Sales volumes were up by over 13 percent compared to August 2018, while the average sale price increased by 3.6 percent, right in line with the increase in wages. In August wages for permanent employees in Canada increased by 3.8 percent year-over-year. Considering that sales volumes are still playing “catch-up” from 2016 and 2017 numbers, a 13 percent increase compared to last year is modest.
In actual numbers 7,711 properties were reported sold in the greater Toronto area. Last year 6,797 were reported sold. The average sale price came in at $792,611 compared to $765,252 for the same period last year. It should be noted that the increase in sales volumes was concentrated in Toronto’s 905 region. Of the 7,711 reported sales 5,158 were primarily located in Halton, Peel, York, and Durham regions. Only 2,553 were City of Toronto properties. This number is almost identical to the 2,550 sales that took place in the City of Toronto last year. As these numbers indicate the City of Toronto made no contribution to the 13 percent increase in sale volumes across the entire marketplace.
The reason for this disparity is two fold. Firstly, the City of Toronto’s average sale price came in at $818,715, at least 5 percent higher than the average sale price achieved in the 905 region. More impactfully is the lack of inventory available to buyers in the City of Toronto.
Condominium apartment sales were practically flat in August (2.2 percent higher than last year). Condominium apartments have not only become pricey —— in the Central core of Toronto where most condominium apartments are located and sell, the average price is approximately $700,000. With mortgage stress testing a buyer of a condominium apartment would need household income substantially higher than $100,000 annually, and if their mortgage financing is high ratio at 10 percent equity, at least a $70,000 deposit. It is these factors that ultimately will keep average sale prices from increasing substantially more than 3 percent year-over-year for sometime to come, even if the Bank of Canada reduces its overnight lending rate, which its wisely refrained from doing at its meeting in early September.
Although condominium apartments are still selling briskly ——- all condominium apartment sales took place in 22 days (the rate in the overall market place was 25 days) and at 100 percent of their asking prices ——- inventory levels are down. Last year there were 2,307 active listing at the end of August. This year only 2,117. The same is true for the overall market. Last year there were 17,864 active listings available to buyers in the greater Toronto area, this year that number has dropped to 15,870, an 11.2 percent decline. This not good news for buyers, even those who have the financial means to comfortably afford Toronto real estate prices, a serious concern going forward.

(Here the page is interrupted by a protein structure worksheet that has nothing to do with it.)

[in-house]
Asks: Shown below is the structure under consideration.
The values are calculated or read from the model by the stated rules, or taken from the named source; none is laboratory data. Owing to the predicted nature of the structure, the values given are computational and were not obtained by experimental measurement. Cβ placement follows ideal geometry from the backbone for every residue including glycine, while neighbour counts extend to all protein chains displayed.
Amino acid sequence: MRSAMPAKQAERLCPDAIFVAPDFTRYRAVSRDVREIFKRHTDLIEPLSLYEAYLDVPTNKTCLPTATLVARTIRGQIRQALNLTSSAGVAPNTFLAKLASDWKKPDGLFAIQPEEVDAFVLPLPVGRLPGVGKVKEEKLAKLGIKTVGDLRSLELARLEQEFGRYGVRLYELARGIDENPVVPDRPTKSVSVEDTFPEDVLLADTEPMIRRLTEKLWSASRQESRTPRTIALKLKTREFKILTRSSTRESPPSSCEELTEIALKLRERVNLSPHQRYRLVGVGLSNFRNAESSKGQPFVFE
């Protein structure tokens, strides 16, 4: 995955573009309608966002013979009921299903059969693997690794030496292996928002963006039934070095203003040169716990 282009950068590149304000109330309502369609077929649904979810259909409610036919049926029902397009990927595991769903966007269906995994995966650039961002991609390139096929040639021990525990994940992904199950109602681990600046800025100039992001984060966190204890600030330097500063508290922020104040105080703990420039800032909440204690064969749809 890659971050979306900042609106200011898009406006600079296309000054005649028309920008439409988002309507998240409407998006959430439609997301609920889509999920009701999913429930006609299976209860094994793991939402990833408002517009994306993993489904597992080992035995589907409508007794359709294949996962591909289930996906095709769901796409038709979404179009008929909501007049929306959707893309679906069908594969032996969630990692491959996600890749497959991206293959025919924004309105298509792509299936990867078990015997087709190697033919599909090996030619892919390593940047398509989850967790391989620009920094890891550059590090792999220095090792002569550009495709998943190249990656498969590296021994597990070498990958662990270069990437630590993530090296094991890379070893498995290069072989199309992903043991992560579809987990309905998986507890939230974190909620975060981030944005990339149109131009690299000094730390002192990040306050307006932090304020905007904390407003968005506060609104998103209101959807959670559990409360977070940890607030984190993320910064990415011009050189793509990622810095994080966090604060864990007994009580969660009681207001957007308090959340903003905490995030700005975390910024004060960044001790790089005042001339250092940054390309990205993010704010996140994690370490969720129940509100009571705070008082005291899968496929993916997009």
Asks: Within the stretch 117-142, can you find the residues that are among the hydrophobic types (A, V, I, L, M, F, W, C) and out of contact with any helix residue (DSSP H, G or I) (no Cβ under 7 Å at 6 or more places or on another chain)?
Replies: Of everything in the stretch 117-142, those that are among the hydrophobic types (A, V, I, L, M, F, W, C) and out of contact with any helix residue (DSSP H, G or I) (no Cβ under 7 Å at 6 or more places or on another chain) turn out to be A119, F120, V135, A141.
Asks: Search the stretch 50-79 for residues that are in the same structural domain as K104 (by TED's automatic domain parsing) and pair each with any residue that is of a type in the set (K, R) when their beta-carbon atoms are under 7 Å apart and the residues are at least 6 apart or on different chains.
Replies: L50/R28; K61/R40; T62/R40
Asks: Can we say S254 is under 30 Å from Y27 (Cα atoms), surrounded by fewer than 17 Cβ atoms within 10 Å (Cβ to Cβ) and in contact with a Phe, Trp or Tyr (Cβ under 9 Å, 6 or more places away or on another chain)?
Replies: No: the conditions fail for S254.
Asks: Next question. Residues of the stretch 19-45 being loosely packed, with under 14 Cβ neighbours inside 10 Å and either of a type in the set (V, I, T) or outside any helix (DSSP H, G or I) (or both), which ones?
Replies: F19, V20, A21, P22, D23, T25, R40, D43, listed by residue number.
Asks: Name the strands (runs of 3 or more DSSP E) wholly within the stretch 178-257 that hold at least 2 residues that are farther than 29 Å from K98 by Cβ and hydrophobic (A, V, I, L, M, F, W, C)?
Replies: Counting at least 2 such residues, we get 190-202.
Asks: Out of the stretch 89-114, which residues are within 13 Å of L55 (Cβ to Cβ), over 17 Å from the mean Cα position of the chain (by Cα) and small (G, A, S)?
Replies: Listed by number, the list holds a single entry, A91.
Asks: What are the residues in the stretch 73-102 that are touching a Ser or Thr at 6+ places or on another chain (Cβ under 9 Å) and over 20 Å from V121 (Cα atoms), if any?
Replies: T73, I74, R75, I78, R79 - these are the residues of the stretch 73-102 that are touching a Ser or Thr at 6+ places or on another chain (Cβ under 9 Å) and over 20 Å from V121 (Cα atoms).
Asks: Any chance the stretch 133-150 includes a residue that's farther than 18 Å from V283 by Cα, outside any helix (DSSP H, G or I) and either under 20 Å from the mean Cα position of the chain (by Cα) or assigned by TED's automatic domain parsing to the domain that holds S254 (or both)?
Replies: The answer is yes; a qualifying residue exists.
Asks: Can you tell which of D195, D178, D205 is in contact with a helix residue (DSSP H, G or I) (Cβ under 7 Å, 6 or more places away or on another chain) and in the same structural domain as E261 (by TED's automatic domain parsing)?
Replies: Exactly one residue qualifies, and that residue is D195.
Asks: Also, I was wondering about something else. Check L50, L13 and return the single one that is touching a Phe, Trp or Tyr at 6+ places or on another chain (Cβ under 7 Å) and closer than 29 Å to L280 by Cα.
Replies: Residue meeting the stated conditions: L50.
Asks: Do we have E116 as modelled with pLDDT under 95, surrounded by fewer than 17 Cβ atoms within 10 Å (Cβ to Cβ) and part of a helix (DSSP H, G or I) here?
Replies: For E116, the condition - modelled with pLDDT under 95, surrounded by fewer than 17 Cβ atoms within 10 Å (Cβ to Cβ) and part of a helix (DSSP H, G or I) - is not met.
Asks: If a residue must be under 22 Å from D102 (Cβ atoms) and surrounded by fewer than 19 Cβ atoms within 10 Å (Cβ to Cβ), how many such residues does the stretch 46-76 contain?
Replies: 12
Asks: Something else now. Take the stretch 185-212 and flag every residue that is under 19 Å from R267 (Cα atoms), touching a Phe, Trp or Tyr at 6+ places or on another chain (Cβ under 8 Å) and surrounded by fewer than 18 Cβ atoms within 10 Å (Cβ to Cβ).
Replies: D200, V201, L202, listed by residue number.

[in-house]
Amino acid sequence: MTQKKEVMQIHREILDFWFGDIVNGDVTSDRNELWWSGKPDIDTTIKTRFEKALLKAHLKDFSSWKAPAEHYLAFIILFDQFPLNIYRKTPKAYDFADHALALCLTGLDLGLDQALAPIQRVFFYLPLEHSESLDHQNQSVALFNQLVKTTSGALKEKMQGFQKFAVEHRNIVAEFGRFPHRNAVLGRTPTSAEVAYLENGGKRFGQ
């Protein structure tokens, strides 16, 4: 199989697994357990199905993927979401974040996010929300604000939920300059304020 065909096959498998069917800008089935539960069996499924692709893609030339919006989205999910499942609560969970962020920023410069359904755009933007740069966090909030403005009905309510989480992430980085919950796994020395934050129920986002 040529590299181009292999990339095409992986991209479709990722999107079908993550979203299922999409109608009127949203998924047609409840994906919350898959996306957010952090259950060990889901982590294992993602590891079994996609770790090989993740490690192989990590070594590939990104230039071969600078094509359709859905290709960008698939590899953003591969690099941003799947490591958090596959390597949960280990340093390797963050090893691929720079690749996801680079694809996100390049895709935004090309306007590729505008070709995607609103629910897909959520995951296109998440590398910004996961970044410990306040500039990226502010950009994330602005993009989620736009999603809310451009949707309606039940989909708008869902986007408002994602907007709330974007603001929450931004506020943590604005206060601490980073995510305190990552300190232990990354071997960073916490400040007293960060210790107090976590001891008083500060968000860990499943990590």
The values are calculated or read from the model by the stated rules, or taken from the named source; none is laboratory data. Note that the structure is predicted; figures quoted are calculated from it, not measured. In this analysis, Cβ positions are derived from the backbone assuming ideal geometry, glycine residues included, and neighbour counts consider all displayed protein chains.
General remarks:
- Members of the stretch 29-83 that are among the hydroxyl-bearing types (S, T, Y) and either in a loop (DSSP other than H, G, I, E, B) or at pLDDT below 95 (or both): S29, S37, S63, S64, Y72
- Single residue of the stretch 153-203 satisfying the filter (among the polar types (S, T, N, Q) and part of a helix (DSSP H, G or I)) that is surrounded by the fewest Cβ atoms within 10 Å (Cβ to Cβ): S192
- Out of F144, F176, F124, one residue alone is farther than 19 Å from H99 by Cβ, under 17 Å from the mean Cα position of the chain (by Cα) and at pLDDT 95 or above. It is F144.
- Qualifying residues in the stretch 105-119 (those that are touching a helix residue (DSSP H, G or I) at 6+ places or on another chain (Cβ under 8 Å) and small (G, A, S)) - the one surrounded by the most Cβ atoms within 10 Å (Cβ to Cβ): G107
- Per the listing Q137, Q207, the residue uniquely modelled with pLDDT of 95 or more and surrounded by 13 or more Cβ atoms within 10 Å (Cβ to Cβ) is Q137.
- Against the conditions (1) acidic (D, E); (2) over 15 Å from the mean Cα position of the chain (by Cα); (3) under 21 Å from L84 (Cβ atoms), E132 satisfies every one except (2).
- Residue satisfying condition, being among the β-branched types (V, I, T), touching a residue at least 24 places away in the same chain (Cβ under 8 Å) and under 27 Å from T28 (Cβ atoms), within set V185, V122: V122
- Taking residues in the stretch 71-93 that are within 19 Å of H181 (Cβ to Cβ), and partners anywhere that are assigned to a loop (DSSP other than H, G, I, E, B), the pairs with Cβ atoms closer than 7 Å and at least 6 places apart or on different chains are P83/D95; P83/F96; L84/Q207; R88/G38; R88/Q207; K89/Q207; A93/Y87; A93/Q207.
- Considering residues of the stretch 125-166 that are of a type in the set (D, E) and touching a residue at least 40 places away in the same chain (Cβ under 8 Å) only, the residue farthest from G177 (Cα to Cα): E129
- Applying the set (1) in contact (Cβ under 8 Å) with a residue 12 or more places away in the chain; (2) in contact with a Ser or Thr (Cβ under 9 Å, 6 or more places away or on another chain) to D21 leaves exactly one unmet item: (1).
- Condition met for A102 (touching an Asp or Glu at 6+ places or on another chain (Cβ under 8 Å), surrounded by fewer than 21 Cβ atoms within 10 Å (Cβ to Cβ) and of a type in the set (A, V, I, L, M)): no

The high end of the residential resale market also continued its slow recovery. In August 159 properties having a sale price of $2 Million or more were reported sold. Last year 144 were reported sold, an increase of 10 percent, a number that lags the over market place increase of 13.4 percent. As discussed in previous reports the average sale price of luxury properties out-distanced the overall market place in 2016 and early 2017. That sector of the marketplace is still correcting, however that process is now almost complete. In August the sale of detached properties (average sale of $1,246,392) increased by 0.3 percent compared to last year, one of the few year-over-year increases in the City of Toronto over the last few months.
Given some recent economic numbers there is nothing that would indicate that the prevailing resale market place will change throughout the remainder of 2019 and into 2020. As indicated above, wages rose by 3.8 percent in August; 81,100 new jobs were added to the Canadian economy, 23,900 of those being full-time jobs; and the Bank of Canada did not lower interest rates. If the Canadian economy continues to create jobs throughout the balance of 2019, we should make it to year-end with out the Bank of Canada reducing rates. All of this economic activity ensures a stable real estate market going forward, with modest increases in sale volumes and 3 to 3.5 percent increases in average sale prices.
Report Prepared by Chris Kapches, LLB, President and CEO, Broker